Daniel rubs his face when the dream shifts again, this time to the chantry. He steps forward to the middle of the conversation, not bothering to speak up or speak out. Instead he analyzes and thinks.
It’s the way the cabal talks about them as if they’re unimportant or just a hindrance that makes an idea light up. He turns toward the Daughter of Ether, tired eyes bright as he speaks. “America…the way this place is fucking with us…” Daniel speaks as if he truly believes he’s onto something. Or maybe he’s just grasping at straws? “He knows and he’s threatened. We’re unique, you especially. You and I haven’t been Awakened through the loops before and it might not be entirely accounted for in his plans. If he can tuck us away here forever, we’re no longer something he has to worry about.” He shrugs the backpack carrying his violin off of his shoulder for the first time through this whole adventure.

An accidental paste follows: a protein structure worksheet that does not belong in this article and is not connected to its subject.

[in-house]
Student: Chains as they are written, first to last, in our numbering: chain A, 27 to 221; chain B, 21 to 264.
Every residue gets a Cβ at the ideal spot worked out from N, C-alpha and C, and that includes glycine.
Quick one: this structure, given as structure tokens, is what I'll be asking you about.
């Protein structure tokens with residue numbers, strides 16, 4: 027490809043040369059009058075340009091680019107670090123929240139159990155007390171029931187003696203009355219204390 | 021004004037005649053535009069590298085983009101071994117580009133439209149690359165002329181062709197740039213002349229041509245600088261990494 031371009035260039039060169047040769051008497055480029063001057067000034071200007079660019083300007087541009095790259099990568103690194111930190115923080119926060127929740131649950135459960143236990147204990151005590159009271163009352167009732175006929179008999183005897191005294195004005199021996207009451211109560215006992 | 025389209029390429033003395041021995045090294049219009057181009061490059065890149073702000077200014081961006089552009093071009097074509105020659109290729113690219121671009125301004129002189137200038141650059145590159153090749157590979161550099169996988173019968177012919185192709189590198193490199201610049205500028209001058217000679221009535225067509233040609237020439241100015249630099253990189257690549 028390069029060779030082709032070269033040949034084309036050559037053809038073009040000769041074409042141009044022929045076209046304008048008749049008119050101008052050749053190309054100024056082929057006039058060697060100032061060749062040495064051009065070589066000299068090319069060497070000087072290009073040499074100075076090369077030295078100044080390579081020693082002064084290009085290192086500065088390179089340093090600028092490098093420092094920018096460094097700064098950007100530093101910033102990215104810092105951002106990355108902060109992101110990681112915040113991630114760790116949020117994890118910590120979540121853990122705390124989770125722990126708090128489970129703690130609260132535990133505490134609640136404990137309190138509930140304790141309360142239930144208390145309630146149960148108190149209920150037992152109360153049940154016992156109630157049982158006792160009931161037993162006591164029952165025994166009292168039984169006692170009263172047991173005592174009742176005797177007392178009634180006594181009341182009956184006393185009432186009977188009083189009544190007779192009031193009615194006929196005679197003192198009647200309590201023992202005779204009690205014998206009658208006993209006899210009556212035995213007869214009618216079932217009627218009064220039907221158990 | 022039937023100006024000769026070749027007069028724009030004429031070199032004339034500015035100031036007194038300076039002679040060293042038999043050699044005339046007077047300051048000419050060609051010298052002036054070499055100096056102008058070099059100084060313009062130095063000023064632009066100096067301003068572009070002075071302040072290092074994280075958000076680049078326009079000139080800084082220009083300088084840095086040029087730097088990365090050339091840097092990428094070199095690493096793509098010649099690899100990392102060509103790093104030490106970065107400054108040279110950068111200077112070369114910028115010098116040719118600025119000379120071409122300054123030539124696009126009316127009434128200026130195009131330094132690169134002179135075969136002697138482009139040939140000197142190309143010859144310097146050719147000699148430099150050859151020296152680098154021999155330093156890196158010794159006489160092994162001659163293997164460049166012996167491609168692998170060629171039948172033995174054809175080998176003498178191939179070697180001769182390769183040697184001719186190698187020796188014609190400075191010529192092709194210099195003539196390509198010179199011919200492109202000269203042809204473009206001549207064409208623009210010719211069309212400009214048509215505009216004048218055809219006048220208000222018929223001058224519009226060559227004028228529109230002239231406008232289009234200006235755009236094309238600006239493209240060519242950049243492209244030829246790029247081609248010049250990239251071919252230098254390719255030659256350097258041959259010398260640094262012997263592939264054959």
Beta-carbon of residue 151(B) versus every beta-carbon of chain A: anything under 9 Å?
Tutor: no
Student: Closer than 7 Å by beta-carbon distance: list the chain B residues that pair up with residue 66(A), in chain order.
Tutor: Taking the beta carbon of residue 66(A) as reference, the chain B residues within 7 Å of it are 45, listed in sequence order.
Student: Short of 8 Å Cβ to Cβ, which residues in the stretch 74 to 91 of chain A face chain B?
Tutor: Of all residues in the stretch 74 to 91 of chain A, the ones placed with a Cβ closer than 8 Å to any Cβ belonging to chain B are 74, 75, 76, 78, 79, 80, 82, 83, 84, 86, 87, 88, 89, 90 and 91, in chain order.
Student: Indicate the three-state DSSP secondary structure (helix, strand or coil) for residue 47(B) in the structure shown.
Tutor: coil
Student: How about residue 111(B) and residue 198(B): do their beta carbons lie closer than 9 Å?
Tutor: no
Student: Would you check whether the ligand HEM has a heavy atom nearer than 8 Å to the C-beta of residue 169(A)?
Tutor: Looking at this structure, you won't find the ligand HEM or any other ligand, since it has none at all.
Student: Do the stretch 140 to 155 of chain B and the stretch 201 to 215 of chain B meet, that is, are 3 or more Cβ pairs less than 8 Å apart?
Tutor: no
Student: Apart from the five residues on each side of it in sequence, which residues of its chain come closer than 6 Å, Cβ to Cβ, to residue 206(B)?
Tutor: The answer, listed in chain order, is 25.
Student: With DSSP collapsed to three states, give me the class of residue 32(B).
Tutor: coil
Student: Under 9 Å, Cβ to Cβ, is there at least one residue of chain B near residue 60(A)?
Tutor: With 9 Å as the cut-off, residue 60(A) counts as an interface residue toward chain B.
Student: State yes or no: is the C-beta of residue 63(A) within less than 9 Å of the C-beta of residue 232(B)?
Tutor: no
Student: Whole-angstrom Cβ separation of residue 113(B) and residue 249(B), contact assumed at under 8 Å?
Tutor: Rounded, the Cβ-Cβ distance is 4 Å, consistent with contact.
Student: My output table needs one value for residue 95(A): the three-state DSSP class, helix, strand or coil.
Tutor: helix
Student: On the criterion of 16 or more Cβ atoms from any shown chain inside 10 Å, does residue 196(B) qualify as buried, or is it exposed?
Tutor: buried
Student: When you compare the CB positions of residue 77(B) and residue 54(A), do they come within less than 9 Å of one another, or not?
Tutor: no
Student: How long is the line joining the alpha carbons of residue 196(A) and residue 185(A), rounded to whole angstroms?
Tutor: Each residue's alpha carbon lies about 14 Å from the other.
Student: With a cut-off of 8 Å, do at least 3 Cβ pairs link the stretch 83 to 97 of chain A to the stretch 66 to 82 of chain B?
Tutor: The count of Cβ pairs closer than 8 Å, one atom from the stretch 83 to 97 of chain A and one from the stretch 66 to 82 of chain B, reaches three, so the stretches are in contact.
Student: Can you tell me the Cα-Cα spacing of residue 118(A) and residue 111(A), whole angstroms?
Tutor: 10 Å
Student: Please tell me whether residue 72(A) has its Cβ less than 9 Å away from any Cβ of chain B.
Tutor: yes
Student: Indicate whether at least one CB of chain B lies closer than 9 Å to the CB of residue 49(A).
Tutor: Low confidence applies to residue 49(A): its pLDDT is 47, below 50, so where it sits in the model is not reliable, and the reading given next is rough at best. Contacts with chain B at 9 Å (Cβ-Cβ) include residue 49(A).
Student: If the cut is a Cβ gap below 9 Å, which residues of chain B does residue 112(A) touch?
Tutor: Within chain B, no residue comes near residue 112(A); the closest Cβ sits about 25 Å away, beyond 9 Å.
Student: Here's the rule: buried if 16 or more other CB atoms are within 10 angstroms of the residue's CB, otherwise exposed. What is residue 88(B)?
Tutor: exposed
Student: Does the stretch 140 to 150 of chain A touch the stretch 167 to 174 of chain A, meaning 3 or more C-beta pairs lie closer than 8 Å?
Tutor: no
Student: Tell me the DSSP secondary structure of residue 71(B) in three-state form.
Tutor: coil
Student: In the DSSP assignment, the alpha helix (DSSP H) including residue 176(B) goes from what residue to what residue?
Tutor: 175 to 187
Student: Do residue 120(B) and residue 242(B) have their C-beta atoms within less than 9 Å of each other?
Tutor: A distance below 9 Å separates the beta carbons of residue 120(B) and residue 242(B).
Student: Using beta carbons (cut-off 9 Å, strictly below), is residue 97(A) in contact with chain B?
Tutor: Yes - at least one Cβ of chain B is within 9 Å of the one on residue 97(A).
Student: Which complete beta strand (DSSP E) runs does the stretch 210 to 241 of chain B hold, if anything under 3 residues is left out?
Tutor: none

That makes sense. America nods agreement, “He’s been so hung up on downplaying me, this reads like a page from the same book. I plan to return this book to the library.”
The Daughter of Ether brings her arm up and opens a panel on her armour at the forearm. She turns a series of dials and the armour at her trap-muscle pops up, sprinkling prime counter measures throughout the area to disturb the magick.
The scene before them warps and blurs as if America took a blender to it, but there’s more… substance that moves in to take its place. Still, it has bought them a moment.
“You’re both right,” a familiar voice says behind them. Jianyu has his hands tucked into his pockets, a tired expression on his features. He usually looks more animated.